Monday, Dec. 20, 2010

Monday, Dec. 20
3:30 p.m.
4 p.m.
All Experimenters' Meeting - Curia II
Operation of First Cryomodule at NML Test Facility

Tuesday, Dec. 21
3:30 p.m.

Click here for NALCAL,
a weekly calendar with links to additional information.

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Secon Level 3

Wilson Hall Cafe

Monday, Dec. 20
- Breakfast: Croissant sandwich
- Chef's choice soup
- Grille only
- Chefs choice
- Deli only
- Assorted sliced pizza
- Closed

The Cafeteria will have adjusted holiday hours: Dec. 20-22: 7:30 a.m. - 3 p.m.
Dec. 23: 7:30 a.m. - 11:30 a.m.
Dec. 24-25: closed
Dec. 27-29: 7:30 a.m. to 3 p.m.
Dec. 30: 7:30 a.m. to 11:30 a.m.
Dec. 31 and Jan. 1: Closed.

Wilson Hall Cafe Menu

Chez Leon

Wednesday, Dec. 22

Thursday, Dec. 23

Chez Leon Menu
Call x3524 to make your reservation.


Fermilab Today

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Fermilab DZero scientists selected as APS fellows

The American Physical Society recently announced new fellows, which include two Fermilab physicists from DZero. This honor is awarded each year to outstanding APS members selected by their peers.

Dmitri Denisov

Dmitri Denisov and Pushpalatha Bhat were named 2010 fellows to the Division of Particles and Fields.

Denisov, co-spokesperson for the DZero experiment, was selected as a fellow “for his numerous and distinguished contributions to hadronic collider physics, especially in the upgrading, physics leadership and Co-Spokesmanship of the D0 experiment at the Tevatron Collider.”

Pushpa Bhat

Bhat, also a DZero scientist, was selected as a fellow “for her demonstration of the effectiveness of advanced statistical methods in extracting the most information from small signals in hadron collider physics and especially for pioneering the use of these techniques to improve the measurement of the top-quark mass in the D0 experiment at the Fermilab Tevatron.”

Congratulations to the 2010 APS Fellows.

In the News

Muzaffer Atac, 1931-2010

Muzaffer Atac

From Chicago Tribune, Dec. 17, 2010

Physicist was among the founding scientists at Fermilab

As one of the founding scientists at Fermi National Accelerator Laboratory, the national physics lab near Batavia, Muzaffer Atac spent more than four decades working with detectors, which physicists use to record results and understand processes occurring deep inside the building blocks of matter.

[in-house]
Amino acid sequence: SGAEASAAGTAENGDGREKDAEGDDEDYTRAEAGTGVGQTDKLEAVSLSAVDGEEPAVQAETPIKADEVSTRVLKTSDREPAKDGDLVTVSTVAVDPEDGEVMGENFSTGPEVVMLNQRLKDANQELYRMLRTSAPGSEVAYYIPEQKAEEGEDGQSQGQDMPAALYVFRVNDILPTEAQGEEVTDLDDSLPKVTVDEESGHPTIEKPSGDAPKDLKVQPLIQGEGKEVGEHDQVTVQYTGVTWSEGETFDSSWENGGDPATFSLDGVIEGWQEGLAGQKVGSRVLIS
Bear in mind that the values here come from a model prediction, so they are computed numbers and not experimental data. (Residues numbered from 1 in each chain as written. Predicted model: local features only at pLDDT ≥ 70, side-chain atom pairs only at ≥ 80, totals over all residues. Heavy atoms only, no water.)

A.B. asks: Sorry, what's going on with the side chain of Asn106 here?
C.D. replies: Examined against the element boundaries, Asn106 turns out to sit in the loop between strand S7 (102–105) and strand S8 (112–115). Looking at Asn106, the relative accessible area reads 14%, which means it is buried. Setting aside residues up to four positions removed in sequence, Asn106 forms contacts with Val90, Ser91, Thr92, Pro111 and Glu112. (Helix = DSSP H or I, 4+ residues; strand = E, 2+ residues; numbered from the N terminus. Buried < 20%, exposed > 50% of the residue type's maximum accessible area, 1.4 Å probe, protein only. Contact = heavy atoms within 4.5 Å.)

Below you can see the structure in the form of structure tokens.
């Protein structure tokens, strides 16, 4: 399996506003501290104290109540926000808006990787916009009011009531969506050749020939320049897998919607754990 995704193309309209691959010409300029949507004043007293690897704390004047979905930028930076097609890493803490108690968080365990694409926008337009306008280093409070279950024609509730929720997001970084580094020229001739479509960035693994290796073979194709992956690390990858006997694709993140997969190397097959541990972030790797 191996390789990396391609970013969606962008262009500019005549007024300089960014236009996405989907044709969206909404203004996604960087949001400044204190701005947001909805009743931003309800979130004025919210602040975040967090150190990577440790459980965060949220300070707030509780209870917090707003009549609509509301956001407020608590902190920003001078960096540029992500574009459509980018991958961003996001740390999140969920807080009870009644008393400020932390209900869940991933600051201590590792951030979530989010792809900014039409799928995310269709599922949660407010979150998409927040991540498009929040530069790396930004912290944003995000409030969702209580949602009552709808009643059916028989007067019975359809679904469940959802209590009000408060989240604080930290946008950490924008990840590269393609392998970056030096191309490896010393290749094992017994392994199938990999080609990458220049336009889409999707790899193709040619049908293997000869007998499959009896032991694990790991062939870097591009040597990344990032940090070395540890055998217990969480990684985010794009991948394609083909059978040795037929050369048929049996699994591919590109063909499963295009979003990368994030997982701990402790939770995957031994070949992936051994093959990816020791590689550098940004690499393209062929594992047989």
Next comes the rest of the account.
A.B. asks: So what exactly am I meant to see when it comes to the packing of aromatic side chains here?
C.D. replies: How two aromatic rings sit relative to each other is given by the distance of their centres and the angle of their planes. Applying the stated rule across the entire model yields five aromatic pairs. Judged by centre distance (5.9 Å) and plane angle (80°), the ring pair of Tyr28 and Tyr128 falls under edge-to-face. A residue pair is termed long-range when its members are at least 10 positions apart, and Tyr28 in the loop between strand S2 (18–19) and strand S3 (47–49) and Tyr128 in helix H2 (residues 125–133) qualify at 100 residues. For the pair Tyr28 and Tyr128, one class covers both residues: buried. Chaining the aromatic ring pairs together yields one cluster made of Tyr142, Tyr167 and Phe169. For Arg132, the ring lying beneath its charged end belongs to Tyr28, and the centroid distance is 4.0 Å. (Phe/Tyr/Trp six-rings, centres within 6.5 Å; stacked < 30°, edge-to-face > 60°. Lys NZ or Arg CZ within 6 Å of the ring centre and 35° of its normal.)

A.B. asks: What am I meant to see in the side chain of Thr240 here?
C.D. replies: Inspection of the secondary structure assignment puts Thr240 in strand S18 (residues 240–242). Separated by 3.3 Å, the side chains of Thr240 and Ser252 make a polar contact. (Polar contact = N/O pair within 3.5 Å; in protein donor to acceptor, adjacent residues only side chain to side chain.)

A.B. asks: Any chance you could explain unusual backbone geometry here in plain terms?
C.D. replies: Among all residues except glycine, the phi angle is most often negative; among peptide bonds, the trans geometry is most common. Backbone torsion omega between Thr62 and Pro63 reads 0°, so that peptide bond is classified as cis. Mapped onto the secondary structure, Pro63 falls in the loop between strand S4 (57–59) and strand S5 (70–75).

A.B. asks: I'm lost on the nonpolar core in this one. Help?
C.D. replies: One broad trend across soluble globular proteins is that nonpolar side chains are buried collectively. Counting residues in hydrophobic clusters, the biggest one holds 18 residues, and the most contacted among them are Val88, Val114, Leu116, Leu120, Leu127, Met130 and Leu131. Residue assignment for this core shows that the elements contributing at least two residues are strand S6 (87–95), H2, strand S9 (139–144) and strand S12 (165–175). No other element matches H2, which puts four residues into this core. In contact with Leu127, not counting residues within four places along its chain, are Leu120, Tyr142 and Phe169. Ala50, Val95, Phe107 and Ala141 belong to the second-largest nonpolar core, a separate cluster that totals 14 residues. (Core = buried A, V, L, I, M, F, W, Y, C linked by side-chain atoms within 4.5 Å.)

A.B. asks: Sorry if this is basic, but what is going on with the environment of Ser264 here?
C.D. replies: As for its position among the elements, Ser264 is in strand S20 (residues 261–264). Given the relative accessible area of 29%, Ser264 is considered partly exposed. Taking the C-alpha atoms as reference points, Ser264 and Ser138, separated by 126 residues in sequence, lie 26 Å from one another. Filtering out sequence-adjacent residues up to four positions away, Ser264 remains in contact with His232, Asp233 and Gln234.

The longtime head of Fermilab's detector development group, Dr. Atac also took great pride in education, working simultaneously in the 1980s as a physics professor at the University of California at Los Angeles and at the University of Texas at Dallas. And he helped to create detectors for demonstration purposes for Fermilab's education program, which teaches high-energy physics to junior high and high school students.

"He was just an all-around good guy," said Bruce Chrisman, Fermilab's chief operating officer, who was a graduate school classmate of Dr. Atac's in the 1960s at the University of Illinois. "He was very hardworking and was a solid citizen in the physics community."

A resident of Wheaton for almost 40 years, Dr. Atac, 79, died Tuesday, Dec. 7, at his home of cardiac arrest, said his wife of 52 years, Ayfer.

Born in Kemaliye, a small mountain village in eastern Turkey, Dr. Atac attended high school in Turkey's capital, Ankara, and went on to earn an undergraduate degree from the University of Ankara. He met his future wife in Turkey, and they wed in 1958.

Read more


CMS 2010 wrap up

Several of the particles that were “rediscovered” by CMS in 2010: each peak corresponds to a short-lived particle. Higher-mass particles require more and higher-energy collisions to produce --- physics that took decades to discover was confirmed in months by CMS physicists.

Have you ever heard the story where someone offers you a penny and doubles it every day for a month? By the end of the month, the penny grows to 10 million dollars. This year was a bit like that for CMS, in terms of proton collisions and physics results. The rate of proton collisions doubled and re-doubled so quickly that the total number of collisions by the end of the year was about a billion times the number that occurred on that first day in March.

This rapid increase in data was similar to a whirlwind tour through particle physics history. In the first few minutes, we saw muons (originally discovered in 1936), followed by neutral pions and kaons (1950). In the early weeks, people talked about “the particle du jour,” as each of the mesons and baryons that so perplexed physicists in the 1960s became visible in the CMS data. Within a month or two, the charm (1974) and beauty (1977) quarks revealed themselves, as well as the W and Z bosons (1983). By July, evidence for the top quark (1995) became clear, making the LHC the world’s second accelerator to produce this mysteriously heavy quark.